NEW YORK (Reuters) - DriverUp, a U.S. online marketplace that allows hedge funds to invest directly in car loans, launched on Monday with a $50 million investment from venture capital firms.
Executives at DriverUp told Reuters that the company is expecting to sell at least $50 million of auto loans to funds, wealthy individuals and other investors through its website this year.
DriverUp’s parent, Dallas, Texas-based Sierra Auto Finance, will make all the loans on the platform at first, but Chief Executive Sam Ellis said that over time other lenders may sell their loans via the site. Before starting Sierra in 2012, Ellis founded Exeter Finance Corp, a subprime lender acquired by Blackstone Group LP in 2011.
Banks and investors have poured money in auto loans in recent years after losses on mortgages and credit cards during the financial crisis made many lenders skittish about expanding in those areas. Consumers took out $105 billion in auto loans in the third quarter, the most in any quarter since 2005, according to the Federal Reserve Bank of New York’s quarterly report on household debt and credit.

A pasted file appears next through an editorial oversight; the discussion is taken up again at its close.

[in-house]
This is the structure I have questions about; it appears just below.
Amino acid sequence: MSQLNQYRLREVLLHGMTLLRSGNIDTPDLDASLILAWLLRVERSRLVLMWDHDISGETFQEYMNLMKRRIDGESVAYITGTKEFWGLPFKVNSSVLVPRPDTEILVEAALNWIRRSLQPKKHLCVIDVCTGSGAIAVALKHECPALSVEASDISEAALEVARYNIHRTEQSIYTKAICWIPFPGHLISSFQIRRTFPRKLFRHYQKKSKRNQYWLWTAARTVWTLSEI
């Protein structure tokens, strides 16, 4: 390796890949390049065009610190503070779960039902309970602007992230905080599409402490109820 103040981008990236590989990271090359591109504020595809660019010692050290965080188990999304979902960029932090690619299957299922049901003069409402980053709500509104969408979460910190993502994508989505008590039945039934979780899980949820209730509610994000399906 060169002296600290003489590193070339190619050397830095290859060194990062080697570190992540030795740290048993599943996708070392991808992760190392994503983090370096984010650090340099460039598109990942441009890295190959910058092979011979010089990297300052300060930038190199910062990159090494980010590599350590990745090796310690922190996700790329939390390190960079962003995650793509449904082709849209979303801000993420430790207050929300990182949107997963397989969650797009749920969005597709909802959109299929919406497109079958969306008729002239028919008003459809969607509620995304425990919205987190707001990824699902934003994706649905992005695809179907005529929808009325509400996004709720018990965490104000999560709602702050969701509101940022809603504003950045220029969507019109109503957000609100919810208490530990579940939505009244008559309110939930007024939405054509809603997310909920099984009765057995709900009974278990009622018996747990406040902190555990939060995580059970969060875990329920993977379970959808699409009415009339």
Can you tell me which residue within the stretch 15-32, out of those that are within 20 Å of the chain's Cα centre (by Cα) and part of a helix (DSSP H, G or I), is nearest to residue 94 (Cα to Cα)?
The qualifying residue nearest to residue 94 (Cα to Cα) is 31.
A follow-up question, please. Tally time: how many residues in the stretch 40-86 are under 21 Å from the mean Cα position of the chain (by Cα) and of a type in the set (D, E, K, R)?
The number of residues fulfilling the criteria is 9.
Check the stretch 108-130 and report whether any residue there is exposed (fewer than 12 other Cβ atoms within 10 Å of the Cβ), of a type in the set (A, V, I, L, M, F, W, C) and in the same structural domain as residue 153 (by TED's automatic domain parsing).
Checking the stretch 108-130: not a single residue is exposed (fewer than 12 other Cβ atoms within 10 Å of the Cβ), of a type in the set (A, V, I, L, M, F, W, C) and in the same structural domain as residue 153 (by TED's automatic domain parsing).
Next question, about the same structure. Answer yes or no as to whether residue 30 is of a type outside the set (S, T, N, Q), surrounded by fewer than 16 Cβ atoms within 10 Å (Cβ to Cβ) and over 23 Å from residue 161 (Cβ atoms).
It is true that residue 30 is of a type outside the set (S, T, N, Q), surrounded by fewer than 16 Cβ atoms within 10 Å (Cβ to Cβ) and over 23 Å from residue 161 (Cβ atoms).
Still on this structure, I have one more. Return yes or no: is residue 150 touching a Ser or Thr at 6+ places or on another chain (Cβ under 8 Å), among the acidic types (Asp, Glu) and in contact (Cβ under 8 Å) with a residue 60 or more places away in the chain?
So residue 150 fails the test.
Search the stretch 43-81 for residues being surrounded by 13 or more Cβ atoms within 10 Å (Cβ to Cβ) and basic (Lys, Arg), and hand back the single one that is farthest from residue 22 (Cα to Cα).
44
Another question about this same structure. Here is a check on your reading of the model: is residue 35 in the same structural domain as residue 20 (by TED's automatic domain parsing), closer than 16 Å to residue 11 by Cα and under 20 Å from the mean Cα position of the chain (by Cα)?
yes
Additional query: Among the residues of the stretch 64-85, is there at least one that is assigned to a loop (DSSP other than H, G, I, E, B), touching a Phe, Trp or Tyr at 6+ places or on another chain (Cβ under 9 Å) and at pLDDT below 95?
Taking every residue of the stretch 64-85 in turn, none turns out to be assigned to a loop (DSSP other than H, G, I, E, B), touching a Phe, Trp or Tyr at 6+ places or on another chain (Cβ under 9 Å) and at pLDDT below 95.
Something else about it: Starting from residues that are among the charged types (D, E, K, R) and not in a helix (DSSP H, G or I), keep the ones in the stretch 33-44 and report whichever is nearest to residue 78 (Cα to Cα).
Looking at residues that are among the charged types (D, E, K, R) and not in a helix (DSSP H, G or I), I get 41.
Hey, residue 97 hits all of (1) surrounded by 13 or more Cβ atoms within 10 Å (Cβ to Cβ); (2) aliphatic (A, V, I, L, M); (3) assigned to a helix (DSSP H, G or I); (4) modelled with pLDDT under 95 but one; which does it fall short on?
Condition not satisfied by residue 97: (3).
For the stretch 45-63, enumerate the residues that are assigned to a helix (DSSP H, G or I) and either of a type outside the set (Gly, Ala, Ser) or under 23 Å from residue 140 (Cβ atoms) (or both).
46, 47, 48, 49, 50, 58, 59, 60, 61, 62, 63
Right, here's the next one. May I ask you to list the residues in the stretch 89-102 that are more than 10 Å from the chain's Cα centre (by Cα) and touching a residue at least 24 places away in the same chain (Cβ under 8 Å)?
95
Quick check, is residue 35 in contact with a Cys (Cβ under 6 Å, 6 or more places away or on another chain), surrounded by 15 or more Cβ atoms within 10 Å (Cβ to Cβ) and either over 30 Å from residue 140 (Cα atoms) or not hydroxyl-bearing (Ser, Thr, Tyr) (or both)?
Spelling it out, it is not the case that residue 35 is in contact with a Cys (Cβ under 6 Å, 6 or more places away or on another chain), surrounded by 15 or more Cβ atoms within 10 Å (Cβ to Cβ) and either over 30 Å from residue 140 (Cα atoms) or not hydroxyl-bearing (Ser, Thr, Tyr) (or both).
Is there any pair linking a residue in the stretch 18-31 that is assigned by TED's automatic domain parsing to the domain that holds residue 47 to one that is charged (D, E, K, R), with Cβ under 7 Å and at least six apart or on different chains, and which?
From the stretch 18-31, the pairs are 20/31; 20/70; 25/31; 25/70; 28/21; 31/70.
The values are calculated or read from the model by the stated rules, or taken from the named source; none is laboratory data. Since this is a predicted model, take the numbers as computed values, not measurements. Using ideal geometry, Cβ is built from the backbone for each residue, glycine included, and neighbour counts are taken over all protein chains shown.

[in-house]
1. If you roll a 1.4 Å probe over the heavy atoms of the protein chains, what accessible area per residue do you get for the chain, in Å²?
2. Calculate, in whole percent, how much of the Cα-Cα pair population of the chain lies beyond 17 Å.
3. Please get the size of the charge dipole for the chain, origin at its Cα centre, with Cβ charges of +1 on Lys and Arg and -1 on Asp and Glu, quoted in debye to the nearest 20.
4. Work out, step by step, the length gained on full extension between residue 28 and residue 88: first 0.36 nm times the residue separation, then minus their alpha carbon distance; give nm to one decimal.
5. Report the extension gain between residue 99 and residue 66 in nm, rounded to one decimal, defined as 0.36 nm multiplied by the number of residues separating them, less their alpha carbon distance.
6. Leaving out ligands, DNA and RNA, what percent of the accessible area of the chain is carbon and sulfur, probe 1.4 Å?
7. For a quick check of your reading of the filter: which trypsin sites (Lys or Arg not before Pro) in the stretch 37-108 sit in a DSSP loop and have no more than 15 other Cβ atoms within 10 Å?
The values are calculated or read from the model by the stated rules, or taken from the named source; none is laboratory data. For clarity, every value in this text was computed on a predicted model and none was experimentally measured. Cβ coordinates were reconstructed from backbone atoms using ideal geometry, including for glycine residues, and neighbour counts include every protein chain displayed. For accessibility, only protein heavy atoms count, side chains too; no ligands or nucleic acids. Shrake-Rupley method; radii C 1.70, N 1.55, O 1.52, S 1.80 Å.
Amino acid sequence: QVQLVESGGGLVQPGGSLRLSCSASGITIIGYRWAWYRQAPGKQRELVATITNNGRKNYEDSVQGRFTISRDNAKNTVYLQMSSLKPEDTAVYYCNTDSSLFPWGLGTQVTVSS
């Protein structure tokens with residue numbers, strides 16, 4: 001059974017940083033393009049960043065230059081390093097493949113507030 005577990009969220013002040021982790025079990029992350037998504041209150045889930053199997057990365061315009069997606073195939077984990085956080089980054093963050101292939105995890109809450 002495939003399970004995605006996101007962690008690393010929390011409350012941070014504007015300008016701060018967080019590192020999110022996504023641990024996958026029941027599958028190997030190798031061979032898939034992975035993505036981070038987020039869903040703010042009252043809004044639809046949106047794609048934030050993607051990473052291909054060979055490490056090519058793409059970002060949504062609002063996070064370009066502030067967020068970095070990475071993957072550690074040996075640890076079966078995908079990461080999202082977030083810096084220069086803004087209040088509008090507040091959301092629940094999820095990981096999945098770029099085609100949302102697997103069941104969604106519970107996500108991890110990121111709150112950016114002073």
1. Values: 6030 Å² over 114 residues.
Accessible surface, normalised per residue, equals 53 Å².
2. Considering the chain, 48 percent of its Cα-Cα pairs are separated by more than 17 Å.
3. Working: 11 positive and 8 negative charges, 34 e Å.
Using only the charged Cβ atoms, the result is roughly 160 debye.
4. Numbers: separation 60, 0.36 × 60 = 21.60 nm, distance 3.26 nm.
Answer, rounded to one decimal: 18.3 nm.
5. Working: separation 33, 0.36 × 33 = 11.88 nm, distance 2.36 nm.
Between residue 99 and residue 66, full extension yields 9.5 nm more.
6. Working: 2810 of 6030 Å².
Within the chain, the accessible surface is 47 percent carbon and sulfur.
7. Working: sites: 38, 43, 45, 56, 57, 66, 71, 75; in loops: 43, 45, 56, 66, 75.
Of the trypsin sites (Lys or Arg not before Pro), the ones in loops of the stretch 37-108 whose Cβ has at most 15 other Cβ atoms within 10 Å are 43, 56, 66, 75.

Websites that allow investors to fund consumer loans, including sites like LendingClub Corp, extended $9 billion of loans in 2014, nearly triple the volume of loans made in 2013, according to estimates from credit-rating firm DBRS.
Unlike many other sites, the loans that DriverUp is making and selling will be backed by borrowers’ collateral.
The auto finance market’s fast growth has been accompanied by increased scrutiny from regulators and law enforcement officials, especially around whether investors in bonds backed by auto loans received adequate disclosure of their underlying quality.
Ellis said that although regulators pose the greatest risk to DriverUp’s business model, loans on the platform will offer much more information to investors than bonds backed by the loans, including a verified credit analysis for each individual borrower.
Reporting by Peter Rudegeair; Editing by Cynthia Osterman
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